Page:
Quasi-experimental designs share the same purpose with true experiments that attempt to test the causal impact of an independent variable such as an intervention by manipulating the intervention and observing the outcome. However, a quasi-experimental design does not utilize random selection and/or random assignment of participants. Rather, participants are assigned nonrandomly to the experimental and control groups.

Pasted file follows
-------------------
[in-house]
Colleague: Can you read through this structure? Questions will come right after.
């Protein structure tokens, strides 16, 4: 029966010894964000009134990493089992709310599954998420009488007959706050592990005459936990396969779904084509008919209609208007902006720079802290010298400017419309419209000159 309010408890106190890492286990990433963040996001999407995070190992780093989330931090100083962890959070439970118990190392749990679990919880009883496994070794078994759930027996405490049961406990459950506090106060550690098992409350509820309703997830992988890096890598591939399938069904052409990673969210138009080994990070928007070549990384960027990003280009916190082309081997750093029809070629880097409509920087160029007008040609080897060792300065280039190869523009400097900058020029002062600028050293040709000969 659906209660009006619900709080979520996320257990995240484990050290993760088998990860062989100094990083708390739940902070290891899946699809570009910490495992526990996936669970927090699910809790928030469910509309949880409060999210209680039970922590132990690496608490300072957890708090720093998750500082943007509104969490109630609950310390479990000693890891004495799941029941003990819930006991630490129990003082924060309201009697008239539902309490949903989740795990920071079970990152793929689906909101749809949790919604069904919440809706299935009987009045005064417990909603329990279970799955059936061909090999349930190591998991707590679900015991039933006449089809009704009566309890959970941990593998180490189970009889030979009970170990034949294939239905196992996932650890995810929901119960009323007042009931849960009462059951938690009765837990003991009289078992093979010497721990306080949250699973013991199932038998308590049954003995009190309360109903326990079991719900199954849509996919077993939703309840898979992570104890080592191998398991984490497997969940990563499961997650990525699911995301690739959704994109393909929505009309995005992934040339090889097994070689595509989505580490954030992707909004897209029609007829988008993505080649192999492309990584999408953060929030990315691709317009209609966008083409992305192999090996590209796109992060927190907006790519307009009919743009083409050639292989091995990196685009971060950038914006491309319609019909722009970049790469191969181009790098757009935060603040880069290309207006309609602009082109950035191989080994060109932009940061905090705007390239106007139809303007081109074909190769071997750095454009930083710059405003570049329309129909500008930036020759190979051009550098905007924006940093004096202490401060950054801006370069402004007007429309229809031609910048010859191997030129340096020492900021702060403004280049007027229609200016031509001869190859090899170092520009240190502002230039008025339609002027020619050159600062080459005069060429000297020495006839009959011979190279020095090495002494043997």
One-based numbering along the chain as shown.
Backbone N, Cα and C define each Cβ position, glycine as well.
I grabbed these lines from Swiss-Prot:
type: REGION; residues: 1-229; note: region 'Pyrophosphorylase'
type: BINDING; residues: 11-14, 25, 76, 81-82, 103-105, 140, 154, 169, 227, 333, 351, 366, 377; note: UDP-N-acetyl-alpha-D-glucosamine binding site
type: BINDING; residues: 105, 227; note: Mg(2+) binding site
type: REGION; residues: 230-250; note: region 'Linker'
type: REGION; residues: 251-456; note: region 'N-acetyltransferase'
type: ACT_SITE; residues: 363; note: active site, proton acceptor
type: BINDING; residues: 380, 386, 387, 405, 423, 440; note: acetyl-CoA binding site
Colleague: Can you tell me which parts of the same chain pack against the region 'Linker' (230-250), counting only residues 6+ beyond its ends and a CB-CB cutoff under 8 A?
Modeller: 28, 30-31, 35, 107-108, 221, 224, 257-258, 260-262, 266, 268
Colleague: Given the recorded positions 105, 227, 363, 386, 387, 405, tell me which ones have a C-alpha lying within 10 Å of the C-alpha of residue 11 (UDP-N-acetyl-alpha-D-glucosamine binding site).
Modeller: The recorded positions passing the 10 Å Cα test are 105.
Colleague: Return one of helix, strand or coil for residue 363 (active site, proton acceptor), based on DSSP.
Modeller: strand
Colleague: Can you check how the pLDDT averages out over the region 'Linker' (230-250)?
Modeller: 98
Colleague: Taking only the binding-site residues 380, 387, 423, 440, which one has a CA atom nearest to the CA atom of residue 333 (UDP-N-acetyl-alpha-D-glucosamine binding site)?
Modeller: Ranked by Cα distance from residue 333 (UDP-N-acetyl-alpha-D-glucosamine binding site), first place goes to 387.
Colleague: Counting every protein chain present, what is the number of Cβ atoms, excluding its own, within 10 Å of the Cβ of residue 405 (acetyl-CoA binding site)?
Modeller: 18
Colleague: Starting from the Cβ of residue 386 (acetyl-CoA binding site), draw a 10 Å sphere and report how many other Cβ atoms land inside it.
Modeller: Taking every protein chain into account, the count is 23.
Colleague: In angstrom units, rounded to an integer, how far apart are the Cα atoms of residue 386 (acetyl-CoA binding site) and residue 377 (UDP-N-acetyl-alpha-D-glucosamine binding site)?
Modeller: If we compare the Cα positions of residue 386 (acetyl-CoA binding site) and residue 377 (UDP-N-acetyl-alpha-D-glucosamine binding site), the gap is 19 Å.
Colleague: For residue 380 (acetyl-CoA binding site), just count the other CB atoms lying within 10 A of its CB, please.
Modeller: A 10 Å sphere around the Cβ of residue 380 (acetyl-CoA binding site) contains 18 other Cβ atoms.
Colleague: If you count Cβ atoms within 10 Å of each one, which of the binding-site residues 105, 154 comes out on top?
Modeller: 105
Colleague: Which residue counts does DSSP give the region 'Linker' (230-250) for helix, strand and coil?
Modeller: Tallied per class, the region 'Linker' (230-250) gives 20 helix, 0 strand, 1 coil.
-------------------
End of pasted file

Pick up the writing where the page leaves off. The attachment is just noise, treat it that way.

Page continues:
There are three basic forms of quasi-experimental designs. The first type is nonequivalent groups design (NEGD), in which researchers often use intact groups (expected to be as similar as possible before the intervention) as experimental and control groups. The second form is time series design, in which multiple consecutive observations on an outcome are measured before and after the intervention over time. Discontinuity in behavior in the time series ...
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